• If \rho is a (scalar) risk measure then A_{\rho} = \{X \in L^p: \rho(X) \leq 0\} is an acceptance set.
• If R is a set-valued risk measure then A_R = \{X \in L^p_d: 0 \in R(X)\} is an acceptance set.

### Acceptance set to risk measure

• If A is an acceptance set (in 1-d) then \rho_A(X) = \inf\{u \in \mathbb{R}: X + u1 \in A\} defines a (scalar) risk measure.
• If A is an acceptance set then R_A(X) = \{u \in M: X + u1 \in A\} is a set-valued risk measure.

## Relation with deviation risk measure

There is a one-to-one relationship between a deviation risk measure D and an expectation-bounded risk measure \rho where for any X \in \mathcal{L}^2

• D(X) = \rho(X - \mathbb{E}[X])
• \rho(X) = D(X) - \mathbb{E}[X].

\rho is called expectation bounded if it satisfies \rho(X) > \mathbb{E}[-X] for any nonconstant X and \rho(X) = \mathbb{E}[-X] for any constant X.[5]

## References

1. ^ Artzner, Philippe; Delbaen, Freddy; Eber, Jean-Marc; Heath, David (1999). "Coherent Measures of Risk" (pdf). Mathematical Finance 9 (3): 203–228.
2. ^ Jouini, Elyes; Meddeb, Moncef; Touzi, Nizar (2004). "Vector–valued coherent risk measures". Finance and Stochastics 8 (4): 531–552.
3. ^ Hamel, A. H.; Heyde, F. (2010). "Duality for Set-Valued Measures of Risk" (pdf). SIAM Journal on Financial Mathematics 1 (1): 66–95.
4. ^ Andreas H. Hamel; Frank Heyde; Birgit Rudloff (2011). "Set-valued risk measures for conical market models" (pdf). Mathematics and Financial Economics 5 (1): 1–28.
5. ^ Rockafellar, Tyrrell; Uryasev, Stanislav; Zabarankin, Michael (2002). "Deviation Measures in Risk Analysis and Optimization" (pdf). Retrieved October 13, 2011.

## Further reading

• Crouhy, Michel; D. Galai; R. Mark (2001). Risk Management.
• Kevin, Dowd (2005). Measuring Market Risk (2nd ed.).
• Foellmer, Hans; Schied, Alexander (2004). Stochastic Finance. de Gruyter Series in Mathematics 27. Berlin:
• Shapiro, Alexander; Dentcheva, Darinka;
This article was sourced from Creative Commons Attribution-ShareAlike License; additional terms may apply. World Heritage Encyclopedia content is assembled from numerous content providers, Open Access Publishing, and in compliance with The Fair Access to Science and Technology Research Act (FASTR), Wikimedia Foundation, Inc., Public Library of Science, The Encyclopedia of Life, Open Book Publishers (OBP), PubMed, U.S. National Library of Medicine, National Center for Biotechnology Information, U.S. National Library of Medicine, National Institutes of Health (NIH), U.S. Department of Health & Human Services, and USA.gov, which sources content from all federal, state, local, tribal, and territorial government publication portals (.gov, .mil, .edu). Funding for USA.gov and content contributors is made possible from the U.S. Congress, E-Government Act of 2002.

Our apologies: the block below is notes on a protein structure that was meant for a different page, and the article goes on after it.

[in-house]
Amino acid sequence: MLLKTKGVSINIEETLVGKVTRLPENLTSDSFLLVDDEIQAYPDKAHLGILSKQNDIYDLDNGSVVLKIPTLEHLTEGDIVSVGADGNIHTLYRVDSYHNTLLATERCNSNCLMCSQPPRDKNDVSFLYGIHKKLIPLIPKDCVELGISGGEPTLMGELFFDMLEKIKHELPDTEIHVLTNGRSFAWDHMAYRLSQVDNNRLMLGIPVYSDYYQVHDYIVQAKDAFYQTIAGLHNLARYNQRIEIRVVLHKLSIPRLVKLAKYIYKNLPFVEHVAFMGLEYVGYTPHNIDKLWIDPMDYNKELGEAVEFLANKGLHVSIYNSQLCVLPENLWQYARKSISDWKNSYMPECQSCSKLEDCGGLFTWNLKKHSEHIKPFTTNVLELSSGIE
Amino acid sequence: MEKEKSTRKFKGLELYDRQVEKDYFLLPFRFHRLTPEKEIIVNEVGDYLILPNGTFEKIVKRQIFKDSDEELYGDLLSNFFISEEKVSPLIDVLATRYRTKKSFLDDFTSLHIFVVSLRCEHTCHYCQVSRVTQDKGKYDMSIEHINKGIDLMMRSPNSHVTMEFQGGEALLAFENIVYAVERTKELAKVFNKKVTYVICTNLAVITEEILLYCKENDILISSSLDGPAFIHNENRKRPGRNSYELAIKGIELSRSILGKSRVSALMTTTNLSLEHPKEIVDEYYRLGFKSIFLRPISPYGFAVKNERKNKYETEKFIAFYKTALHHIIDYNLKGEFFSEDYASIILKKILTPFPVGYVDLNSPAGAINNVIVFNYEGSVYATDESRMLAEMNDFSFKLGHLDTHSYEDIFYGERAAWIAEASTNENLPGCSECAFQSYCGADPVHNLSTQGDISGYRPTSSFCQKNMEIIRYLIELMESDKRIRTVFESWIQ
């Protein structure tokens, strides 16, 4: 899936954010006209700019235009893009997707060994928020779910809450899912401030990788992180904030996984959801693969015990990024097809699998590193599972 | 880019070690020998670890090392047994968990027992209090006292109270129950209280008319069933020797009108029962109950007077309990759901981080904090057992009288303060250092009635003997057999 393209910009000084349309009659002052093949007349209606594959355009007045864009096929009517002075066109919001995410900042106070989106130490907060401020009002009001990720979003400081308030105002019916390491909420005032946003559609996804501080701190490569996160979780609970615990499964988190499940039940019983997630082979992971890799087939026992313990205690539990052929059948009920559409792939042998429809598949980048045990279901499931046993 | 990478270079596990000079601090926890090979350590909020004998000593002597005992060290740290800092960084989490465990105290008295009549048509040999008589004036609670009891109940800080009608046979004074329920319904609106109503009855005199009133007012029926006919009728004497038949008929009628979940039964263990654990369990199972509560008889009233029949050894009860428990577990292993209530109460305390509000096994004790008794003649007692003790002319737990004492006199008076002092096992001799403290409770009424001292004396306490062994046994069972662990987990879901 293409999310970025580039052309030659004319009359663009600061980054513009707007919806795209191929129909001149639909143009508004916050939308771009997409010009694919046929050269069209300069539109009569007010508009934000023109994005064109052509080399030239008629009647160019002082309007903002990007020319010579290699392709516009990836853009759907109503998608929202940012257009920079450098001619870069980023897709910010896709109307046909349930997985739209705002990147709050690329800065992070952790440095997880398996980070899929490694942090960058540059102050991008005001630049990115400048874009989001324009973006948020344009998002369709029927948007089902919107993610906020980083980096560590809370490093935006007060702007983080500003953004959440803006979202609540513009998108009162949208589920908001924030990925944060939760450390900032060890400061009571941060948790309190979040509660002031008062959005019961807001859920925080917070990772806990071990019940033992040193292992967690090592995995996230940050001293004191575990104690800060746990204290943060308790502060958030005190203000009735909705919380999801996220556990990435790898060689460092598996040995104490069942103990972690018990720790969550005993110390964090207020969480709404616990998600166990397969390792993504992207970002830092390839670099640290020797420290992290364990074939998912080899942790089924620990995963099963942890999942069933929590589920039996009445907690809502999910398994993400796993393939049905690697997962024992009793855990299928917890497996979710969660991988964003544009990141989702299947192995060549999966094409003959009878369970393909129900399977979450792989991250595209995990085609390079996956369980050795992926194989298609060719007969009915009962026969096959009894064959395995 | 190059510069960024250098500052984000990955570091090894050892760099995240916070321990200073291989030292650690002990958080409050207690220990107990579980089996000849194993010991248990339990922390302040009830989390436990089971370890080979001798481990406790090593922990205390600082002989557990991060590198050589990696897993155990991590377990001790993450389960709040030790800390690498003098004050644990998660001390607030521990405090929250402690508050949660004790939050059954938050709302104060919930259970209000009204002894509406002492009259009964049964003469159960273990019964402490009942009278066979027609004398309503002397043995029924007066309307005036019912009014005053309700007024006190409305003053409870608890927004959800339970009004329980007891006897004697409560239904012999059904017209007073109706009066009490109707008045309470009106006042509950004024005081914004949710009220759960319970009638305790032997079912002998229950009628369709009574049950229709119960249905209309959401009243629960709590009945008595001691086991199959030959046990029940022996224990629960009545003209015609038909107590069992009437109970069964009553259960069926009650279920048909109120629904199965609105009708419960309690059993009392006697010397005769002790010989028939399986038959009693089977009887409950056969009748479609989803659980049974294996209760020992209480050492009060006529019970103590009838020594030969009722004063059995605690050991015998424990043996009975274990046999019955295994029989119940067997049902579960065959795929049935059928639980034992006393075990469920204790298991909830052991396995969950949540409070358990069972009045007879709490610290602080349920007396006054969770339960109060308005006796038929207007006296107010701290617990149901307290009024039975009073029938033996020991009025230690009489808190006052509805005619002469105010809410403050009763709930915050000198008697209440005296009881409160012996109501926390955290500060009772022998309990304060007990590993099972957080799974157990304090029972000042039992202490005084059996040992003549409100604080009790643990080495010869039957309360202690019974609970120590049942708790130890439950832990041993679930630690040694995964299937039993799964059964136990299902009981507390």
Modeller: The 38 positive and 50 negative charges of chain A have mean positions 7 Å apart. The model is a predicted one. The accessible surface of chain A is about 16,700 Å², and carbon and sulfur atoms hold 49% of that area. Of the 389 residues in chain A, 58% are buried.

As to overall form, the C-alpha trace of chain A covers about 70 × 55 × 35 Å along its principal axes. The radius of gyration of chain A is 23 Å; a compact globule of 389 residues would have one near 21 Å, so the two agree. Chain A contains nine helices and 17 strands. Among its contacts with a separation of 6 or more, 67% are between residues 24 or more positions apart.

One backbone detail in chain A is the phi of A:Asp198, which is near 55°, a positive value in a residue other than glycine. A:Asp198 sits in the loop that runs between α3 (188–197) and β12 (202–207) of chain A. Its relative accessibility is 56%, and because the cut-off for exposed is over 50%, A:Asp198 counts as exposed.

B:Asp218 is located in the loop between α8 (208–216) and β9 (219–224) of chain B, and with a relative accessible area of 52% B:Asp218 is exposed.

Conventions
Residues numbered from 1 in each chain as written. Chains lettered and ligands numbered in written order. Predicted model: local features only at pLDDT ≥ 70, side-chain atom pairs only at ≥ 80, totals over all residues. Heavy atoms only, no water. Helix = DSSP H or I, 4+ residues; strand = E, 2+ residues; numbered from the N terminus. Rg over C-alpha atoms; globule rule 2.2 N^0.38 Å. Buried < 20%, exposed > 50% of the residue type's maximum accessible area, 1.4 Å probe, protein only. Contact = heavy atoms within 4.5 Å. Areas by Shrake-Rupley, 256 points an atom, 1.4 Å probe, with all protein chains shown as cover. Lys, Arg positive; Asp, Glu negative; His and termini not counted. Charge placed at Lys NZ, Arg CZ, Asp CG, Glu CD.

Crowd sourced content that is contributed to World Heritage Encyclopedia is peer reviewed and edited by our editorial staff to ensure quality scholarly research articles.

By using this site, you agree to the Terms of Use and Privacy Policy. World Heritage Encyclopedia™ is a registered trademark of the World Public Library Association, a non-profit organization.

Copyright © World Library Foundation. All rights reserved. eBooks from World Library are sponsored by the World Library Foundation,
a 501c(4) Member's Support Non-Profit Organization, and is NOT affiliated with any governmental agency or department.